Meanwhile, back in England, Jonathan's fiancée, Mina, is visiting her friend Lucy. Lucy has just decided to marry the Honorable Arthur Holmwood, having had to choose between him and his two friends, Dr. John Seward and Quincey Morris, the Texan.
Dracula, who is moving to London to feast on more humans, happens to land in the part of England where Mina and Lucy are staying. His first victim is Lucy. Dr. Seward, who, by coincidence, runs the insane asylum next door to Dracula's primary London home, tries to treat Lucy's "illness". He calls in from Amsterdam his friend and mentor Professor Abraham Van Helsing. Van Helsing figures out what is wrong with Lucy, but cannot save her.
By this time, Jonathan has made it home to England and is happily married to Mina. Van Helsing brings together Mina, Jonathan, Arthur, Quincey, Seward and himself and convinces everyone of the reality of vampires and the danger of this particular one, who was in his human life a great warrior and thinker. They have already destroyed the undead Lucy, and they likewise set out to destroy Dracula.
Jerry Sciarrio as Jonathan Harker
Kris Faulkner as Mina Harker
Kevin Foley as John Seward
Rebecca Cook as Lucy Westenra
Reed McColm as Quincy Morris and Renfield
Alex Mickshal as Arthur Holmwood
Andrea Bates as Mrs. Westenra
Cameron Beierle as Count Dracula
Gene Engene as Dr. Van Helsing
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Customer ReviewsMost Helpful
By Doug D. Eigsti on 08-05-13
Ahh! What Music they Make. The Quinary Count No. 2
I recently undertook the personal challenge to listen to five different versions of DRACULA because listening to Bram Stoker’s classic years ago made me a fan of audiobooks. I enjoyed that experience so much that I decided to try to determine if I had just gotten lucky or if there was an even better version available. Besides, I wanted to listen to it again. With most books I feel fortunate to have just one audio version available, but with DRACULA there are so many versions offered that listening to them all is not practical. I first figured that I could handle maybe three different versions but then discovered two more that I thought deserved attention. The Audible list had these five that I thought might be contenders:
Listed in my order of listening preference:
1) Susan Adams & Alexander Spencer (Recorded Books 1980)
2) Peter Sciarrio & Kris Faulkner & a FULL CAST, (Books in Motion 2008)
3) Greg Wise & Saskia Reeves (BBC Audiobooks 2008)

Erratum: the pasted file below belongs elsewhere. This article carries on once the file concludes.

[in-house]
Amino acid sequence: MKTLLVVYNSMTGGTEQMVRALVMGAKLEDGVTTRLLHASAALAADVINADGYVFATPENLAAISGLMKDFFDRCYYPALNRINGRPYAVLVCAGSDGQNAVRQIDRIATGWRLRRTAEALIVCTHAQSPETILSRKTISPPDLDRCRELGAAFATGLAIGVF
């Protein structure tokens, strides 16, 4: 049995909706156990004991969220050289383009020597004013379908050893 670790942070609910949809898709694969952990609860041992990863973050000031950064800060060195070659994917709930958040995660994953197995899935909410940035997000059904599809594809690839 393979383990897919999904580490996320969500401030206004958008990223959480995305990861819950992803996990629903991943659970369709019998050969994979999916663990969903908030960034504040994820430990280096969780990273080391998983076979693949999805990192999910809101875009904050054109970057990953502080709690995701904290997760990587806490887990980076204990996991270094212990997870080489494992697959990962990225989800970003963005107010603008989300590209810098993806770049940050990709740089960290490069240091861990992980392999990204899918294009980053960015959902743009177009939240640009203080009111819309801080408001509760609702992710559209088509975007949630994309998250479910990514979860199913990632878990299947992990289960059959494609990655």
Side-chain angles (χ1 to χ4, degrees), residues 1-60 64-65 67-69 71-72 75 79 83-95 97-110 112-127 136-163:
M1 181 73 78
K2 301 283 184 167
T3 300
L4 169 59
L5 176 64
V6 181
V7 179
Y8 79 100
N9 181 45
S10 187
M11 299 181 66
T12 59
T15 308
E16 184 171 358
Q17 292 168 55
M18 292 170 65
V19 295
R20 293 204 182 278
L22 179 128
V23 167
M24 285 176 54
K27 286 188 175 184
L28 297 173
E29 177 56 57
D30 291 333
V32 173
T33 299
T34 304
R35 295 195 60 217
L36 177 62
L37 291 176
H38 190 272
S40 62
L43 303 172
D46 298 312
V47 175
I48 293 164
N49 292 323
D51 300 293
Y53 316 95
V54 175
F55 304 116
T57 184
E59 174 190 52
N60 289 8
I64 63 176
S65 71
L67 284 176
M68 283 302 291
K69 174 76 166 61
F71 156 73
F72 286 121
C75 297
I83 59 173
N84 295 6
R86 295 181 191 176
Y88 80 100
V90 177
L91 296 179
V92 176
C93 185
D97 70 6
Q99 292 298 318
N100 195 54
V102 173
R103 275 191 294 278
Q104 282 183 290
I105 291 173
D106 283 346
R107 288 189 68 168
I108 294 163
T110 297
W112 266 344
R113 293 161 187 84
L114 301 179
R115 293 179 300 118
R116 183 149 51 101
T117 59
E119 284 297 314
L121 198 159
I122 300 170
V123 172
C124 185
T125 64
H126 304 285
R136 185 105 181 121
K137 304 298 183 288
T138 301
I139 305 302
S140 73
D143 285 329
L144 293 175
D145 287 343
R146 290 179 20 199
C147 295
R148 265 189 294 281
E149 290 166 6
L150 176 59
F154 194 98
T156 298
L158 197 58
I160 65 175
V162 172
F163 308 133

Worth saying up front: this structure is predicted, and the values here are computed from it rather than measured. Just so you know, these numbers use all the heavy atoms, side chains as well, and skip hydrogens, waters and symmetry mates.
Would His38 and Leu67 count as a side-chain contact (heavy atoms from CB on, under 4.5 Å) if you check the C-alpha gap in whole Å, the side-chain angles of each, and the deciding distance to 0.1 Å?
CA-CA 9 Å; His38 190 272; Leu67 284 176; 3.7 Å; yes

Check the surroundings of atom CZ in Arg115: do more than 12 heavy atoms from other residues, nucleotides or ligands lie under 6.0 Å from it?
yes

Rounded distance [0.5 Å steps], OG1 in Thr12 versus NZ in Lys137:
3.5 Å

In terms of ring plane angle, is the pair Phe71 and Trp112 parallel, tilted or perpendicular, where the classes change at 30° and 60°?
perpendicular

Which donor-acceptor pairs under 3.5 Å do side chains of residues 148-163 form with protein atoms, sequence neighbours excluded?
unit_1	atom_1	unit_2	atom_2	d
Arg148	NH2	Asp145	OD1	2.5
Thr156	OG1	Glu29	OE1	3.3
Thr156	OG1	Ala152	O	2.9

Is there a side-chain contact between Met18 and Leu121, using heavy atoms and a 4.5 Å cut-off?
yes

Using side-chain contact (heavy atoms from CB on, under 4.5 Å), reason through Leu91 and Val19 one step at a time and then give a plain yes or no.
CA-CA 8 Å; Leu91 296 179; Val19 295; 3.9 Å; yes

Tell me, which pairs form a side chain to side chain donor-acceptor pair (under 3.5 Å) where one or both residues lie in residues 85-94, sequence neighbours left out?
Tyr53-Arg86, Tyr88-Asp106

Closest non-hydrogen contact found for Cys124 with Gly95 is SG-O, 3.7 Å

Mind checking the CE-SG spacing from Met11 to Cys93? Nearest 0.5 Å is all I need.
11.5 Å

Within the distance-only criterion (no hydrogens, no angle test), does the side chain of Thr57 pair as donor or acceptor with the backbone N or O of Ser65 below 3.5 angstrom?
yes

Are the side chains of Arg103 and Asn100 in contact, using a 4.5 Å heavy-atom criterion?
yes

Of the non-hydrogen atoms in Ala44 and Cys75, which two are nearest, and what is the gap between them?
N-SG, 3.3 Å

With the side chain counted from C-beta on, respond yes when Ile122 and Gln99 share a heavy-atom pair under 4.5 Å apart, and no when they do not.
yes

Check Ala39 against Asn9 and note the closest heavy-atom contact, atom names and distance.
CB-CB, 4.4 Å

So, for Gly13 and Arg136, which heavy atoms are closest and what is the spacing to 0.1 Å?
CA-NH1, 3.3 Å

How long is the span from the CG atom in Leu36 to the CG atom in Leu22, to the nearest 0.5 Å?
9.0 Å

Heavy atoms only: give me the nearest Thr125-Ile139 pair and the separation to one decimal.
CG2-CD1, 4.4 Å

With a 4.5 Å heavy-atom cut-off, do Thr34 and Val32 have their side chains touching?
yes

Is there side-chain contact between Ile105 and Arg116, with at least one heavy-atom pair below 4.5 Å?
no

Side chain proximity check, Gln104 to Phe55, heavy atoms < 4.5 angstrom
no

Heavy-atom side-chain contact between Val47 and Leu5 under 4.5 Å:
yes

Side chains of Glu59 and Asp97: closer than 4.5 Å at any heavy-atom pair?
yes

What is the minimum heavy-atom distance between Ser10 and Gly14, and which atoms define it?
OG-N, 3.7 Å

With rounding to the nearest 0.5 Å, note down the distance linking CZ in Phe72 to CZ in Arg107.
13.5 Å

4) Robert Whitfield (aka Simon Vance), (Blackstone edition 1998)
5) Alan Cumming & Tim Curry & cast (Audible edition 2011)
Review for this version:
2) Peter Sciarrio (m) Kris Faulkner (f) & a FULL cast. Dramatized, Books in Motion 2008 [run time 18:11].
This is the only true Full Cast version. Every character, major or minor, is read by a different actor. This version is also unique in the insertion of sound effects in many key dramatic moments. When wolves are mentioned in the story we get to hear their howling. When Van Helsing rides away on the train we hear the locomotive chug. This version also eliminates most of the dialog identifiers, such as "Harker said" and "replied Dr. Seward" because the different actors reading each character make such designators superfluous. It is like listening to a stage play.
The actors are very good. Cameron Beierle’s portrayal of Count Dracula was the standout best Dracula of all the versions. Strangely the accent used for the Romanian Count sounds to my ear to be Spanish. His deep tones always brought to mind the voice of Zorro. But, somehow, this worked wonderfully. When Dracula listens to the wolves howling and delivers the famous line, “The Children of the Night, Ahh! What Music they Make,” the scene is painted in your mind. Of course, the sound of wolves baying at the moon in this version certainly adds to the effect.
The portrayal by Reed McColm as insane Mr. Renfield at the end of chapter 18 pleading to be released from the asylum is magnificent; an over the top emotional performance! I compared all five versions of this scene and this one is the most dramatic.
This is the most Americanized version. In chapter 1 when Jonathan Harker writes “memorandum” in his diary this version inserts the Yankee term “memo” instead.
The sound effects and the full cast of characters make this the most distinctive of the versions of DRACULA. There is incidental music to indicate the chapter changes. I always looked forward to the rendition of this Books in Motion edition.
Chapter stops match book chapter numbers.
There were not any duplicated passages.
The production values in this version are high.
Volume level is high.
12:20:20 Mispronunciation of “sentience.” (as SEN-t-ence)
Follows the text of THE ESSENTIAL DRACULA
1:34:20 “Occupied by the ladies in bygone days.” (TED p. 70.-1.-5)
2:14:25 “To-night is mine. To-morrow night is yours.” (TED p. 80.3)
8 of 8 people found this review helpful
By Lee on 07-08-09
A SUPERB PRODUCTION!
When you search Audible for "Dracula" by Bram Stoker it's easy to get confused; there are almost 30 choices spread over 3 pages. I got lucky. Based on the small audio sample, my choice was this production by "Books in Motion". Their version is based on the 1897 book, and it's a full 18 hours, 11 minutes. AND the downloads (3 parts) are available in Audible's new "Enhanced format" for best sound. I own a hardcover edition of Dracula as well and nothing is missing here. Unabridged, for sure.
The narration is done by a CAST of talented actors, and they live their roles! A personal favorite was the Professor, Van Helsing, but everyone did a great job. Sound effects were handled well also, and the voices of Count Dracula and his voluptuous "brides" are quite chilling. A true classic, and a great adventure!
7 of 7 people found this review helpful